The step from rookie tournaments in early September to the NHL during the regular season is, obviously, a massive one, but Smith's performance at all levels over the past year is an encouraging sign for the Predators organization. He's taken advantage of every chance he's been given and established himself as a player that may have some sort of NHL future.

Here are a few other notable performances from the many tournaments that are currently taking place.

Brandon Saad, Chicago Blackhawks: A year ago Brandon Saad was projected to be one of the first North American players off the board during the 2011 draft. His stock dropped a little during the season and he was eventually selected by the Chicago Blackhawks in the middle of the second round. Saad was also left off the 2011 World Junior roster earlier this year, and is using that as a motivational tool as he described in an interview with Erin Nicks of NHL.com. The Blackhawks rookies are taking part in the Oshawa Rookie Tournament, and Saad, a power forward from the Pittsburgh area, has five points in his first two games. He has great size (already listed at 6-foot-2 and over 200 pounds) and plenty of upside, and looked to be a nice find in the second-round right from the start. His early performance here has only reinforced that.

Here's what Ted Dent, the head coach of the Rockford Ice Dogs who is also coaching the Blackhawks rookies at the tournament, had to say about Saad's early performance, via NHL.com:
"I didn't know much about Brandon coming into the tournament this weekend, but I've been very impressed. He puts the puck hard to the net; he has good hockey sense, as well. He's been very good the past few games. I know a situation like missing out on the World Junior Championship would be a huge disappointment, but this is another chance for him to make an impression on those who see him. I think he'll continue to take advantage of that fact."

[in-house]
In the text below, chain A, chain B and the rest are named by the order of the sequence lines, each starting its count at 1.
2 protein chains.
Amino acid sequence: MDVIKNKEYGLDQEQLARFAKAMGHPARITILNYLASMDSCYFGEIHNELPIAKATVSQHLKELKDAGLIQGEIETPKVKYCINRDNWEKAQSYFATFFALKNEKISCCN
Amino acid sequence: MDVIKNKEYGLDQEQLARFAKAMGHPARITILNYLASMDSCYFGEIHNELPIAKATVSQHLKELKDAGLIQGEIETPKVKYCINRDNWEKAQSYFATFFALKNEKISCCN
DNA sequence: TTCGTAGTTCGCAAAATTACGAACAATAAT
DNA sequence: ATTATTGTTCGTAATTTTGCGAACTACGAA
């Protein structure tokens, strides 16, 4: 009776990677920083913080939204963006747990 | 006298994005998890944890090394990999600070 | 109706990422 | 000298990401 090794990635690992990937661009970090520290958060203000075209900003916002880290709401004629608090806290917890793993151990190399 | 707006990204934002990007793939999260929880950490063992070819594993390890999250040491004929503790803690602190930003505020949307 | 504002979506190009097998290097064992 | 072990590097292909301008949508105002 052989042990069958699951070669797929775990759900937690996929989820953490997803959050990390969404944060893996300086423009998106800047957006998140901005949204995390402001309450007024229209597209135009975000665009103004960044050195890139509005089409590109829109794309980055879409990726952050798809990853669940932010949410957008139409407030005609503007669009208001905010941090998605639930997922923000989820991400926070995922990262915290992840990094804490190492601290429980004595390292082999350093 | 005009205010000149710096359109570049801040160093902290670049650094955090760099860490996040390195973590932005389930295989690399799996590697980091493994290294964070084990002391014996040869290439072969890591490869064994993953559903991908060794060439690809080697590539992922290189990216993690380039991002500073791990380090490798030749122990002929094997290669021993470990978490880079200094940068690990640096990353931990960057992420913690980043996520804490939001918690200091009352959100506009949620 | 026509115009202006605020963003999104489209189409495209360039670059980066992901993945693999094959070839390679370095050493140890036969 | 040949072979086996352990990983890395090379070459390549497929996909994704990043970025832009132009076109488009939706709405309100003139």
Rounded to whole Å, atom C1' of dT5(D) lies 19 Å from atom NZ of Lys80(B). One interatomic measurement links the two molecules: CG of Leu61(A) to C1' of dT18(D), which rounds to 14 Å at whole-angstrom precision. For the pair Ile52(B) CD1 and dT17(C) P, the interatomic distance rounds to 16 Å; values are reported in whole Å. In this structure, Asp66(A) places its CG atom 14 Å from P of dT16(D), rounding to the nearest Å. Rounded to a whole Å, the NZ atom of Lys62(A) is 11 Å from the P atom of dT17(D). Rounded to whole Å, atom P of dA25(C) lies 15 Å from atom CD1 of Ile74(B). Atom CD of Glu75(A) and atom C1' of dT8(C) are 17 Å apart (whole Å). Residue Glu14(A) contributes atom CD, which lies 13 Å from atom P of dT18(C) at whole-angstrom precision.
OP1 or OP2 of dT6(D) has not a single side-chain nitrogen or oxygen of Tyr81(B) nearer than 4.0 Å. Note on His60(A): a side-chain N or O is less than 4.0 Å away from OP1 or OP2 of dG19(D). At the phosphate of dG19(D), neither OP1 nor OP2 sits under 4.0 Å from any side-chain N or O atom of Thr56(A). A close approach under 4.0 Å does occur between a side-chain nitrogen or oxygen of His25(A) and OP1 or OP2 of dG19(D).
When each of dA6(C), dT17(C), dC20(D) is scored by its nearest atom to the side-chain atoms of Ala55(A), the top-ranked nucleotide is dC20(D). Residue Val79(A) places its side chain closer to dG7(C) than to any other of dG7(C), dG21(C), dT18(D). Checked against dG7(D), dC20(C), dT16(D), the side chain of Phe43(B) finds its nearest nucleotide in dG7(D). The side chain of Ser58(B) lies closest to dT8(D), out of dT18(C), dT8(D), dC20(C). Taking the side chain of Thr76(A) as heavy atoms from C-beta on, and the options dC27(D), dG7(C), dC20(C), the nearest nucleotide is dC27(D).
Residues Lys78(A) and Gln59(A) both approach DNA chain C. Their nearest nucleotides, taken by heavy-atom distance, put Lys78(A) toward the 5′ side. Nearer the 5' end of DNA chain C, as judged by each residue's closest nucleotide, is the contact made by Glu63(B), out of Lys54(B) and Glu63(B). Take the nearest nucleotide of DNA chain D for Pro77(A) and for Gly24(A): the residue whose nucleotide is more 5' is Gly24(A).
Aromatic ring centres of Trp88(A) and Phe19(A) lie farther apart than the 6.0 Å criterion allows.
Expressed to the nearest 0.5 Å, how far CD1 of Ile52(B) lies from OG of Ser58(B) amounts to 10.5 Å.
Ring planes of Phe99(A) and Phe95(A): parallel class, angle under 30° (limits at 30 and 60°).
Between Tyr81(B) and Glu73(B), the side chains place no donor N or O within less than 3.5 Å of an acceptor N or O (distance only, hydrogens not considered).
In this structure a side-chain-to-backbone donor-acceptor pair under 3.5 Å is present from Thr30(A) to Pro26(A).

Ryan Nugent-Hopkins, Edmonton Oilers: For the second year in a row the Edmonton Oilers had the No. 1 overall pick in the draft, and used it on playmaking center Ryan Nugent-Hopkins. He's making his Oilers debut at the Young Stars Tournament, and while his first appearance on Sunday against the Vancouver Canucks didn't result in the type of goal-scoring clinic that we saw from Smith or Saad, observers, including Ian Walker of the Vancouver Sun, came away extremely impressed with his playmaking ability, on-ice vision and awareness. He's still a little on the small side (not as big of an issue as it used to be in the NHL), and the debate as to whether or not he should open the season in the NHL continues to rage on in Edmonton and across the league. But the early returns, for what they are based on one game against other rookies, are promising.

The Winnipeg Jets: Finally, fans of the Winnipeg Jets have been able to get their first look at players wearing the new uniforms, the surest sign of all that hockey is officially back in Winnipeg. It may not be the NHL roster playing a real game, but it's a start. Their rookies made their debut on Monday night against the San Jose Sharks prospects and picked up a 4-0 win, with the first goal going to Levko Koper. Mark Scheifele, the Jets first-round pick this past season (No. 7 overall) added a shorthanded goal in the win. You can check out the highlights in this video from the Jets website.

For more hockey news, rumors and analysis, follow @EyeOnHockey and @agretz on Twitter.

Posted on: September 6, 2011 10:43 am
Edited on: September 6, 2011 10:45 am
 

Daily Skate: Ference's Cup day includes flash mob

By Brian Stubits

FLASH IN THE PAN: Andrew Ference recently took his time with the Stanley Cup and had said that his time would one-up everybody else's. Boy did it. In Boston's North End at the celebration, a flash mob busts out dancing and the show ends with a triumphant Ference standing amid the dancers holding the chalice high above his head (h/t to Puck Daddy). No word if this guy made it in the routine (I still love this).